What fascinates me about trees is their structure: the tree is a being that memorializes the feats of its existence in its very form. Similarly, our bodies could be considered the sum of the performance of our existence. The tree can be considered a metaphor for the work of a sculptor who fixes his actions in the material.
Gagosian Beverly Hills is pleased to present Giuseppe Penone’s first major exhibition on the West Coast.
In sculptures, drawings, photographs, and installations, Penone heightens the subtle levels of interplay between man, art, and nature. His work represents a poetic expansion of Arte Povera’s radical break with conventional media in favor of organic and accessible matter, and emphasizes the involuntary processes of respiration, growth, and aging that are shared by man and tree. During the late 1960s in the forests near Garessio, Italy, Penone stunted the growth of trees with nails, metal wire, and an iron cast of his hand that gripped a living trunk, thus insinuating himself into the cycles of the landscape. He continued to engage his own body in the early 1970s by drawing the textures of his skin and casting his face in plaster; in To Reverse One’s Eyes (1970), he was photographed wearing mirrored contact lenses, positing vision as the precise point of separation between self and environment. In recent years, Penone has taken the natural attributes of traditional sculptural media, including wood, bronze, and marble, as points of departure for the creation of monumental, tactile forms.
The exhibition takes its title from a passage in John Keats’s poem Ode to Psyche (1819), an anecdotal narrative of love, nature, and the creative imagination. Each work is a revelation of the sculptural qualities innate to natural materials. Penone chisels cedar trunks and masses of marble to expose the deep patterns resulting from growth and time, characteristics that he further emphasizes through carving, patination, and replication. In Anatomia / Anatomy (2011), a 23-ton marble block, he reconceives the veined surface as a matrix of tendrils, advancing the original marks into multiple dimensions.
The tree and its relationship to man is among Penone’s most enduring subjects. Albero Porta–Cedro / Door Tree–Cedar (2012), which was part of the artist’s major installation at Château de Versailles in 2013, is a natural trunk with a rectangular cavity that reveals a carving of the heartwood within, a window onto the plant’s former life. Luce zenitale / Zenithal Light (2012), a tree trunk mimetically rendered in cast bronze, also contains a veiled interior dimension coated in shimmering gold leaf, while the exterior retains Penone’s fingerprints as subtle records of the manmade sculpting process. In Spine d’acacia–Contatto, aprile 2006 / Acacia Thorns–Contact, April 2006, he revisits an organic medium that has informed his work since the 1990s: hundreds of thorns are attached to twelve canvases in patterns forming an intricate yet massive impression of lips, another visceral meditation on human and natural contact. Engaging with and subtly intervening in nature so as to reimagine it in artificial manmade terms, Penone finds ever new ways to harmonize elemental occurrences with his own artistic drive.
Penone was awarded the Praemium Imperiale by the Japan Art Association in 2014.
Giuseppe Penone was born in 1947 in Garessio, Italy. He lives and works in Paris and Turin. Public collections include Tate Gallery, London; Centre Georges Pompidou, Paris; Musée d´Art Moderne de la Ville de Paris; MAXXI, Rome; Castello di Rivoli, Turin; Stedelijk Museum, Amsterdam; Museum of Modern Art, New York; and Museum of Contemporary Art, Los Angeles. Recent solo exhibitions include Centre Georges Pompidou, Paris (2004); Toyota Municipal Museum of Art, Toyota, Japan (2008); Ikon Gallery, Birmingham, United Kingdom (2009); Musée des Arts Contemporains, Grand-Hornu, Belgium (2011); Documenta 13, Kassel (2012); "The Bloomberg Commission: Giuseppe Penone," Whitechapel Art Gallery, London (2012); “Penone Versailles,” Château de Versailles, France (2013); Kunstmuseum Winterthur, Switzerland (2013); and Madison Square Park, New York (2013–14). Penone co-represented Italy in the 52nd Venice Biennale (2007).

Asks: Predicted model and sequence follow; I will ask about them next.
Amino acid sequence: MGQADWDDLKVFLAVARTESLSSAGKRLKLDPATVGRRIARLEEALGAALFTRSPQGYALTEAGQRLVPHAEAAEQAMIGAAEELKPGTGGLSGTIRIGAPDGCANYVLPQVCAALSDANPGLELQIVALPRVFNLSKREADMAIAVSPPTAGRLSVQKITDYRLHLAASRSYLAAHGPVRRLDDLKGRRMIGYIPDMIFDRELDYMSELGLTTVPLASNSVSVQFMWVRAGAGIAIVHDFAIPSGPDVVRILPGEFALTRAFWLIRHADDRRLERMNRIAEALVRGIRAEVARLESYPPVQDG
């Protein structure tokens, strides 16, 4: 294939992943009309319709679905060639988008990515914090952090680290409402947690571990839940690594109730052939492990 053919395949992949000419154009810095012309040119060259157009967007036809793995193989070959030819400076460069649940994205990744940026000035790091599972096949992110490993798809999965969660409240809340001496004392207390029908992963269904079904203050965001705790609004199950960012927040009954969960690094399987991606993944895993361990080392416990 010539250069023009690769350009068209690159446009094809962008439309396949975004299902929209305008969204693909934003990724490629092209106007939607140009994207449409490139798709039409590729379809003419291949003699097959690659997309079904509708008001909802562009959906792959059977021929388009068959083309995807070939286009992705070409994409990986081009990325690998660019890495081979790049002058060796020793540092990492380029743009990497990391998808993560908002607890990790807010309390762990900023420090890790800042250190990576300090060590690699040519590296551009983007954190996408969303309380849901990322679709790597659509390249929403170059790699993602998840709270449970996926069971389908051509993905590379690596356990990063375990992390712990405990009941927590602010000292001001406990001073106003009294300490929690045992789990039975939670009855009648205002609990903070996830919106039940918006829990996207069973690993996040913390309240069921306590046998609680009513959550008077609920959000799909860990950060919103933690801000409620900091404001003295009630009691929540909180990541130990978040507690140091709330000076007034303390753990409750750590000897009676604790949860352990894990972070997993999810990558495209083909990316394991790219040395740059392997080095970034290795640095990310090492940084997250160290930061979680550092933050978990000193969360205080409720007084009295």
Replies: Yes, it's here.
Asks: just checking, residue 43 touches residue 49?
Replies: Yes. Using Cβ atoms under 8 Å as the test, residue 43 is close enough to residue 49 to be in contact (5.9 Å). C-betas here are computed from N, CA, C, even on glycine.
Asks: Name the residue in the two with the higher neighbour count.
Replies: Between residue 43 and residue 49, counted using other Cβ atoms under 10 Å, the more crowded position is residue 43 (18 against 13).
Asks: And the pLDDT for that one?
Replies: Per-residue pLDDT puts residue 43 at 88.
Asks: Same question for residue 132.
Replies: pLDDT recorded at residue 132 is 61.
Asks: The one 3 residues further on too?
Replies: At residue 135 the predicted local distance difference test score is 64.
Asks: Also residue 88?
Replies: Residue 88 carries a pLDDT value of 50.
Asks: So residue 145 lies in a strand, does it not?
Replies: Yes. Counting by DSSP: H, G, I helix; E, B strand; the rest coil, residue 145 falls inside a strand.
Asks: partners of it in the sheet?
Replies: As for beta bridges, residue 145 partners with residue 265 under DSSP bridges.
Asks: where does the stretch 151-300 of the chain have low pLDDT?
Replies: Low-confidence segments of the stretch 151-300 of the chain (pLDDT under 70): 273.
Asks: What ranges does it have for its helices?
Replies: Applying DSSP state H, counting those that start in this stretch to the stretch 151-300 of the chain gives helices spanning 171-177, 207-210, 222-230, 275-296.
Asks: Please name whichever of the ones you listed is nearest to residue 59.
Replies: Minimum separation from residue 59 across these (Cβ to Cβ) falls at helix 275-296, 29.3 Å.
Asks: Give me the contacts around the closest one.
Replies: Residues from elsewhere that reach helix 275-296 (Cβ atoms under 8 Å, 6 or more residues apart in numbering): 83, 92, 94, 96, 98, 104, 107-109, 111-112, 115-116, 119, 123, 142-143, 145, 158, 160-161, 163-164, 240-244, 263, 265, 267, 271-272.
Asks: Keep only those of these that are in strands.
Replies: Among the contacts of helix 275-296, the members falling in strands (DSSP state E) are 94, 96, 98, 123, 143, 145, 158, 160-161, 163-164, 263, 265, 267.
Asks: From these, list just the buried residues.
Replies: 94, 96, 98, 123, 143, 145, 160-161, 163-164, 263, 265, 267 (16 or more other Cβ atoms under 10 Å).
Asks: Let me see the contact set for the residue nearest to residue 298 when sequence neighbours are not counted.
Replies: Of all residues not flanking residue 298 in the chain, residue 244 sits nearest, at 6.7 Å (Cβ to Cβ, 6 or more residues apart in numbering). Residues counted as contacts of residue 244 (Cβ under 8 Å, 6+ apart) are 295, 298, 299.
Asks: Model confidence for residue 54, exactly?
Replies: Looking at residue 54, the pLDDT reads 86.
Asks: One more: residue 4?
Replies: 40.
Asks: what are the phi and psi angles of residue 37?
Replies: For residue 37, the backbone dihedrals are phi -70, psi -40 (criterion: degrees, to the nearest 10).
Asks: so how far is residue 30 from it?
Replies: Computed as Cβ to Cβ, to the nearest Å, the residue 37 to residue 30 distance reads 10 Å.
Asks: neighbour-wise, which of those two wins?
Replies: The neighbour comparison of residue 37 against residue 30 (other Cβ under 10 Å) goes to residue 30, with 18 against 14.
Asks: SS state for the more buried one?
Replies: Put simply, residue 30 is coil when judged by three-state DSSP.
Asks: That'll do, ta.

“Giuseppe Penone: Breath is a Sculpture” will be on view at Beirut Art Center from September 16–November 29, 2014. Musée de Grenoble will present a major solo exhibition from November 22, 2014–February 22, 2015.
Giuseppe Penone: By the Bay
Elizabeth Mangini writes on Giuseppe Penone’s installation of two sculptures at San Francisco’s Fort Mason.
Gagosian Quarterly Spring 2020
The Spring 2020 issue of Gagosian Quarterly is now available, featuring Cindy Sherman’s Untitled #412 (2003) on its cover.
Giuseppe Penone at Fort Mason
An outdoor installation by Giuseppe Penone in San Francisco’s historic Fort Mason features two life-size bronze sculptures cast from fallen trees. The project continues the artist’s long investigation of the perpetual give-and-take between humans and nature. In this video, Penone discusses what drew him to this landscape and the concepts behind the installation.
Giuseppe Penone: Foglie di bronzo / Leaves of Bronze
Gagosian director Pepi Marchetti Franchi speaks about Giuseppe Penone’s recent exhibition in San Francisco, detailing the various works and their relationships to the artist’s long-standing sculptural practice.
Rain of Light
One year after the opening of the Louvre Abu Dhabi, Jean Nouvel and Giuseppe Penone sat down with Alain Fleischer, Pepi Marchetti Franchi, and Hala Wardé to reflect on how the museum and Penone’s commissioned artworks for the space came to be.
Visions of the Self: Jenny Saville on Rembrandt
Jenny Saville reveals the process behind her new self-portrait, painted in response to Rembrandt’s masterpiece Self-Portrait with Two Circles.
Extended through November 30, 2019
Foglie di bronzo / Leaves of Bronze
September 12–November 30, 2019